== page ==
We all want to feel safe and protected. We all need a place we can go to retreat from the world. I’ve been thinking a lot about what President Russell M. Nelson said about places of security to the women of the Church in the Women’s Session of the October 2020 General Conference.
[A]s turmoil rages around us, we need to create places where we are safe, both physically and spiritually. When your home becomes a personal sanctuary of faith—where the Spirit resides—your home becomes the first line of defense. … [A] place of security is anywhere you can feel the presence of the Holy Ghost and be guided by Him. … I invite you, my dear sisters, to create a home that is a place of security. And I renew my invitation for you to increase your understanding of priesthood power and of temple covenants and blessings. Having places of security to which you can retreat will help you embrace the future with faith (President Russell M. Nelson, “Embrace the Future with Faith,” Oct. 2020 General Conference).
I don’t know anyone who doesn’t struggle from time to time to keep their home a peaceful place. I remember being a busy mom when my kids were growing up. Sibling rivalry and outside influences made me feel more like a referee than a partner with my husband and Heavenly Father in creating an eternal family in a place of security. Our home was chaotic and loud. Having said that, it was also a place of love. I tried to make our home a place where everyone’s opinion mattered, everyone felt comfortable in his/her own skin, and everyone knew he/she had a voice. I tried to make our home a refuge from the outside world. It may not have been a quiet refuge, nor the most organized place, but it was a refuge and place of security nonetheless. I hope our children felt that our home was their retreat. I hope they felt loved. I hope they felt protected. I hope they felt secure.
We are in a different phase of our lives now. Our children are grown and are learning to build their own sanctuaries of peace and security. Now our home is quiet—especially when we take out our hearing aids. Our sanctuary is very different than it was in years past. That doesn’t mean that there are not daily struggles to keep our home that peaceful retreat from the world. Today, making our home a sanctuary and place of security means taking care of each other’s physical needs. It’s the little things that make us feel safe from the world. Night lights, organized medical supplies, kicking the dog toys to the side of the room so they are not a trip-and-fall hazard, making sure there is no lingering shampoo residue in the bottom of the bathtub for someone to slip on, and even organizing the refrigerator so most used items are on the edge of the top shelf for easy reach—are all things that make us feel safe, secure, and loved.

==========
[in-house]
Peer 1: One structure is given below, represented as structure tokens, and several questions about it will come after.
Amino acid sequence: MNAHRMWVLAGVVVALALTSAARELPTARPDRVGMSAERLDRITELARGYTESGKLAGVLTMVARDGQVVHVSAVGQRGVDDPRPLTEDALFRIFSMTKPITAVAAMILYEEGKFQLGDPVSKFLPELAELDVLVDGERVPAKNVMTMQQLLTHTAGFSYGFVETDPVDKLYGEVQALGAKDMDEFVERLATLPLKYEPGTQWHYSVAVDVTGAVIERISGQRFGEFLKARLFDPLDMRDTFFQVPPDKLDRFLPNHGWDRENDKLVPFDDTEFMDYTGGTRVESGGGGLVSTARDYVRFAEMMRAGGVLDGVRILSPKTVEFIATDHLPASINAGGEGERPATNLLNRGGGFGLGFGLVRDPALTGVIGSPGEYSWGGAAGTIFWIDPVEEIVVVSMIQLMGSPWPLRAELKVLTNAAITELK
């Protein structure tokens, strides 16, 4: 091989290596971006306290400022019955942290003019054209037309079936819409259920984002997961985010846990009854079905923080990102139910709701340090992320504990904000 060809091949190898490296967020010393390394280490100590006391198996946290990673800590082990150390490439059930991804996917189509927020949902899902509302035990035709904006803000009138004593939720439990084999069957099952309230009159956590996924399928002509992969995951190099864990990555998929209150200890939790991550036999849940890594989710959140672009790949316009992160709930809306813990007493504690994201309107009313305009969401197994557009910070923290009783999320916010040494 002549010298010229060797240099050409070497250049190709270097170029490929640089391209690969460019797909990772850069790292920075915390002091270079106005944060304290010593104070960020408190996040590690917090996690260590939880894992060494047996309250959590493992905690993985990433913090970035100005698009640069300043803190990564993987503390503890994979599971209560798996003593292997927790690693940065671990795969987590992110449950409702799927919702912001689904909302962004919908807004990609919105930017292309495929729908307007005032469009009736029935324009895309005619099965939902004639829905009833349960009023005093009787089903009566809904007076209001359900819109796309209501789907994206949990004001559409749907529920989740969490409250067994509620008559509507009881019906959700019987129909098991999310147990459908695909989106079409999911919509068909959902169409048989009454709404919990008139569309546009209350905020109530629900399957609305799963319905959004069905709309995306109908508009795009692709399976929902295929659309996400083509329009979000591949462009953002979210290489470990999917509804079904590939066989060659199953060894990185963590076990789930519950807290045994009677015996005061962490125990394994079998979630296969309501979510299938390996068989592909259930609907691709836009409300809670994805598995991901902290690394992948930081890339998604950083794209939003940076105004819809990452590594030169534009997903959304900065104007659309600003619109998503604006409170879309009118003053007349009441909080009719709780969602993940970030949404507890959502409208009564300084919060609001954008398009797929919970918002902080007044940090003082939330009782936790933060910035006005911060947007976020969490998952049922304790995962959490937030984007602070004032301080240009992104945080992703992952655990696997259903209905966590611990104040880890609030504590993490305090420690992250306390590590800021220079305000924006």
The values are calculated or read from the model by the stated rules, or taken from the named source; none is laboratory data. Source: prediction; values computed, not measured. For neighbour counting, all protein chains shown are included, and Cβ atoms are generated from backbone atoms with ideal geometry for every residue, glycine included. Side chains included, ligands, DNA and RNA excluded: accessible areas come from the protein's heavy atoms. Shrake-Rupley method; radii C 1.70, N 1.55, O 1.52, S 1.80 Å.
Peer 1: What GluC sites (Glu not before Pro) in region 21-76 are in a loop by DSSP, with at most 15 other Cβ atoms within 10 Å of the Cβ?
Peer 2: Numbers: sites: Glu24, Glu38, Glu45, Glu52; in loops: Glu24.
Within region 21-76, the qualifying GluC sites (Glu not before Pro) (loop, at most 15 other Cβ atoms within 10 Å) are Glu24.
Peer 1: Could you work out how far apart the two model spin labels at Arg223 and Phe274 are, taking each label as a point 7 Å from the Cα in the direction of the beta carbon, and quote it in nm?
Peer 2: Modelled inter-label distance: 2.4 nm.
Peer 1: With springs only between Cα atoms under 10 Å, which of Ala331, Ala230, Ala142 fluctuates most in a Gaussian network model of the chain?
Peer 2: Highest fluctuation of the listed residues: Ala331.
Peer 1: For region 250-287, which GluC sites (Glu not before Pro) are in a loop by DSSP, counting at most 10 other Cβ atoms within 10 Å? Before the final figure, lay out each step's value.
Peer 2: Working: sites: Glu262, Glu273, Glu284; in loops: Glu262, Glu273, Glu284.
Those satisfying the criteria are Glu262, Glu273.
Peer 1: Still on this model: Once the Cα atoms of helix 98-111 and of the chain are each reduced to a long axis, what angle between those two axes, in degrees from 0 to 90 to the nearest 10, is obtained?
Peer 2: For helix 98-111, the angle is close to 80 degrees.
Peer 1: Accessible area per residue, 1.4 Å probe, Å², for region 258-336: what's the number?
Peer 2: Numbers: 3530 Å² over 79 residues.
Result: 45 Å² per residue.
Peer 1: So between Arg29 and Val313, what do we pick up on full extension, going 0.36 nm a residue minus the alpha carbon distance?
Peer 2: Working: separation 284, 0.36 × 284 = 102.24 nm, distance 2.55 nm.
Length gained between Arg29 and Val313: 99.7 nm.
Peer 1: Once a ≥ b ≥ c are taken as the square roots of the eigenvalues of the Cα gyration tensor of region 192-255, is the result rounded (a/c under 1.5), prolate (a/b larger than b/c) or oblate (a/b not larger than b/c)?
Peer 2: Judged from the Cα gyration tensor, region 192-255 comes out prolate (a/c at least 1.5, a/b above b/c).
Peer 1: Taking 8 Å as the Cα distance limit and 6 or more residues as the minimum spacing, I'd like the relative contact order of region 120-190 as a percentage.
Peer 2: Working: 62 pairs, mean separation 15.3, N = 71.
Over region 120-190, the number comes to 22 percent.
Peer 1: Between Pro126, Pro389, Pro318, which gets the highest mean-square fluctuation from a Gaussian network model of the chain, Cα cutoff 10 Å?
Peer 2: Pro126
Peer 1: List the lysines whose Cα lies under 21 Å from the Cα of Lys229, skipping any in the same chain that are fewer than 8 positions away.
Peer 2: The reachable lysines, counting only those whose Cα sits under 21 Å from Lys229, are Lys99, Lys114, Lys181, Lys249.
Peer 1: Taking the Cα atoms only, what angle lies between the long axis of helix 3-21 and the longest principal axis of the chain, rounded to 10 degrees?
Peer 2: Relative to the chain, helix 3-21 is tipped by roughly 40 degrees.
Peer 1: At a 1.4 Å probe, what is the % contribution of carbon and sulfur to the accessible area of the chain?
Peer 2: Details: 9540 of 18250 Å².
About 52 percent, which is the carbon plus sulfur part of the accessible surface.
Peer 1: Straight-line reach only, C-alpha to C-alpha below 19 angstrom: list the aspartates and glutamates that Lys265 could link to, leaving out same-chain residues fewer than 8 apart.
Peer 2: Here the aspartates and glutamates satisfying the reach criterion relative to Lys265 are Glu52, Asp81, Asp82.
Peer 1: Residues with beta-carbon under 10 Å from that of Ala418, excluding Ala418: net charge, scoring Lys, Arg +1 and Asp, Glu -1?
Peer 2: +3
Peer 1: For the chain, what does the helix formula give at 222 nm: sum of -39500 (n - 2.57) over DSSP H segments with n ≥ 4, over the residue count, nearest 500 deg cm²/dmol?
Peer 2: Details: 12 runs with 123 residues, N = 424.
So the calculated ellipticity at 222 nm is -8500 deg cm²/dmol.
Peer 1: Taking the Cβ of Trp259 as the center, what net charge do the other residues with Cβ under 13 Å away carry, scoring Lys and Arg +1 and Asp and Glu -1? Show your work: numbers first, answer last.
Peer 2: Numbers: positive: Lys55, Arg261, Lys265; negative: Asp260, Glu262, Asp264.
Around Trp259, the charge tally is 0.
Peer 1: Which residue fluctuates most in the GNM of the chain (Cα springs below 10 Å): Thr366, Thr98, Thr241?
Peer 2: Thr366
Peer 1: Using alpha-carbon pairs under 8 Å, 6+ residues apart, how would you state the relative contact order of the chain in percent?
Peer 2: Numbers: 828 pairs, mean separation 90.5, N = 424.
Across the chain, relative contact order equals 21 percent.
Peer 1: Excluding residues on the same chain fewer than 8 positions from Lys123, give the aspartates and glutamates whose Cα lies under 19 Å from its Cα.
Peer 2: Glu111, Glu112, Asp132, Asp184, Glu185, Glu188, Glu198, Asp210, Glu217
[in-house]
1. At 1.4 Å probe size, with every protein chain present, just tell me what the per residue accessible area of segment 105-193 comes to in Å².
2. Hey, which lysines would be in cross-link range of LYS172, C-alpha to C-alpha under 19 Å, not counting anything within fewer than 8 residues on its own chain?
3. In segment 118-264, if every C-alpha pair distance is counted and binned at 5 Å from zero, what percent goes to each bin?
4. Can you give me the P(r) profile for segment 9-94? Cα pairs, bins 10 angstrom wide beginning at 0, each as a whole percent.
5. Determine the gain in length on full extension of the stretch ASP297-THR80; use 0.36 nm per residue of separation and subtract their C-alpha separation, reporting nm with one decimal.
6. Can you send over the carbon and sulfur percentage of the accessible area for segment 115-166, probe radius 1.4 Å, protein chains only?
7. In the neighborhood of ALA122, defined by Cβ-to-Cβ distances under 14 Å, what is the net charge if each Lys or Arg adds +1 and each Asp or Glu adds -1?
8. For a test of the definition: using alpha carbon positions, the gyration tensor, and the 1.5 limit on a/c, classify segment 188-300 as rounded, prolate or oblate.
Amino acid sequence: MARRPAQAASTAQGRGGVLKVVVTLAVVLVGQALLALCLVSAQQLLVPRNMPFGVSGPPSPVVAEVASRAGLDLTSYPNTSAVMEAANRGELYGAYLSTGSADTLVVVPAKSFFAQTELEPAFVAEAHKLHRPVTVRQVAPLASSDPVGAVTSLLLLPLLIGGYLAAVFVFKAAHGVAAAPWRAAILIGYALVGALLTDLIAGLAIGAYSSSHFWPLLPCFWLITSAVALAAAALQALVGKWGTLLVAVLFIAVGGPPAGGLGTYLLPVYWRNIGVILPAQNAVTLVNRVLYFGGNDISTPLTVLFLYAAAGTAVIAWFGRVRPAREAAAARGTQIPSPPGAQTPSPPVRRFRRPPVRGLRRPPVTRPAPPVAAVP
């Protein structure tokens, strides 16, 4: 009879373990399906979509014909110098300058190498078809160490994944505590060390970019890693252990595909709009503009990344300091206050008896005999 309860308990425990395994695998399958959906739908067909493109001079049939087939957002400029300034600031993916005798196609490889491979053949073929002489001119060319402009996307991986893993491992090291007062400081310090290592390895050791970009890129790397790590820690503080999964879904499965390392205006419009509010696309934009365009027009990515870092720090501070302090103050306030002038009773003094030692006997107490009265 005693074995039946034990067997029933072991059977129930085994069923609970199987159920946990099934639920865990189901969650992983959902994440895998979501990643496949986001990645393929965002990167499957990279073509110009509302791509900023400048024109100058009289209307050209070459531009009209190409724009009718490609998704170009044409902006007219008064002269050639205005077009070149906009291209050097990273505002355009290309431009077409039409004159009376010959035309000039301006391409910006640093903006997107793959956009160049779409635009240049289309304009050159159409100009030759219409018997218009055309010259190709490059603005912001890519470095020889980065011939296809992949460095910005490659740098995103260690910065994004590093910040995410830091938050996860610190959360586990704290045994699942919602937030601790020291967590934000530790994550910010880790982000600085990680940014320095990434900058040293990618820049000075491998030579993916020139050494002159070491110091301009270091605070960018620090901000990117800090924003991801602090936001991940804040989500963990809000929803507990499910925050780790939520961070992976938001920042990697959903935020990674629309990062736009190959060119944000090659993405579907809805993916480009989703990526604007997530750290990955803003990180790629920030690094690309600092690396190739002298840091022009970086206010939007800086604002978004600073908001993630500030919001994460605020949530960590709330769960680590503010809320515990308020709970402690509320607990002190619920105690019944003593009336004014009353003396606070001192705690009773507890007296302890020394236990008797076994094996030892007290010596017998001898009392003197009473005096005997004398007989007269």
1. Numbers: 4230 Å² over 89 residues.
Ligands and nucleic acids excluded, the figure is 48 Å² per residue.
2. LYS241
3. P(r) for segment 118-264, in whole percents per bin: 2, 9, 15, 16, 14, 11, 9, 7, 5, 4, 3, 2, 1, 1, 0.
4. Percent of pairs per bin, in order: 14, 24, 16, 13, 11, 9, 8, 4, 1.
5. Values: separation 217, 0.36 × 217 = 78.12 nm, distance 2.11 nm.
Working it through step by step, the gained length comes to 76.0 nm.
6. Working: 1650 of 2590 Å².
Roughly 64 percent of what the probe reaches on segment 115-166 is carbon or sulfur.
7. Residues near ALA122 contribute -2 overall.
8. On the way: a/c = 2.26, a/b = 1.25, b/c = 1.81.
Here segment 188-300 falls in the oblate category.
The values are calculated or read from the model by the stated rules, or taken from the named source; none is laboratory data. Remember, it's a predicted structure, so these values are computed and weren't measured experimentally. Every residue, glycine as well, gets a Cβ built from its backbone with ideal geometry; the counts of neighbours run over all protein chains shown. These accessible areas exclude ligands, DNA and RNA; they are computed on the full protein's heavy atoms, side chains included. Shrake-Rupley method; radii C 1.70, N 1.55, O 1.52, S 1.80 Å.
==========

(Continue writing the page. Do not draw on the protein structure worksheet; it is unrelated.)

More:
Sanctuaries are built in different ways; each architect has a different style. Individuality is a gift from Heavenly Father. The result, however, is always the same. The home that is the sanctuary is a place of security and love.
President Nelson reminded us that we needed to prepare our minds to be faithful to God and to strengthen our foundations. He renewed his earlier invitation to gain an understanding of priesthood power. Making our homes a place of security will allow us that needed sanctuary to strengthen our foundations. A place of security gives us spiritual energy to study priesthood power and the wondrous miracle that is God’s plan for us.
We tend to compare our place of security, our homes, our lives with others. That can be counterproductive. Heavenly Father created us all in His image, but with very individual personalities, traits, gifts, circumstances, and challenges. There is an eternal plan for us collectively, but there is also an individual plan for each one of us. My life doesn’t look like yours—my place of security does not look like yours. What your place of security looks like doesn’t matter; you are the architect. Go and build.
Heavenly Father wants us to feel safe, secure, and loved. He wants us to make our homes a place to progress. He wants us to take advantage of the Holy Ghost, which requires a place of refuge—a place of security.
Tudie Rose is a mother of four and grandmother of ten in Sacramento, California. You can find her on Twitter as @TudieRose. She blogs as Tudie Rose at http://potrackrose.wordpress.com. She has written articles for Familius. You will find a Tudie Rose essay in Lessons from My Parents, Michele Robbins, Familius 2013, at http://www.familius.com/lessons-from-my-parents.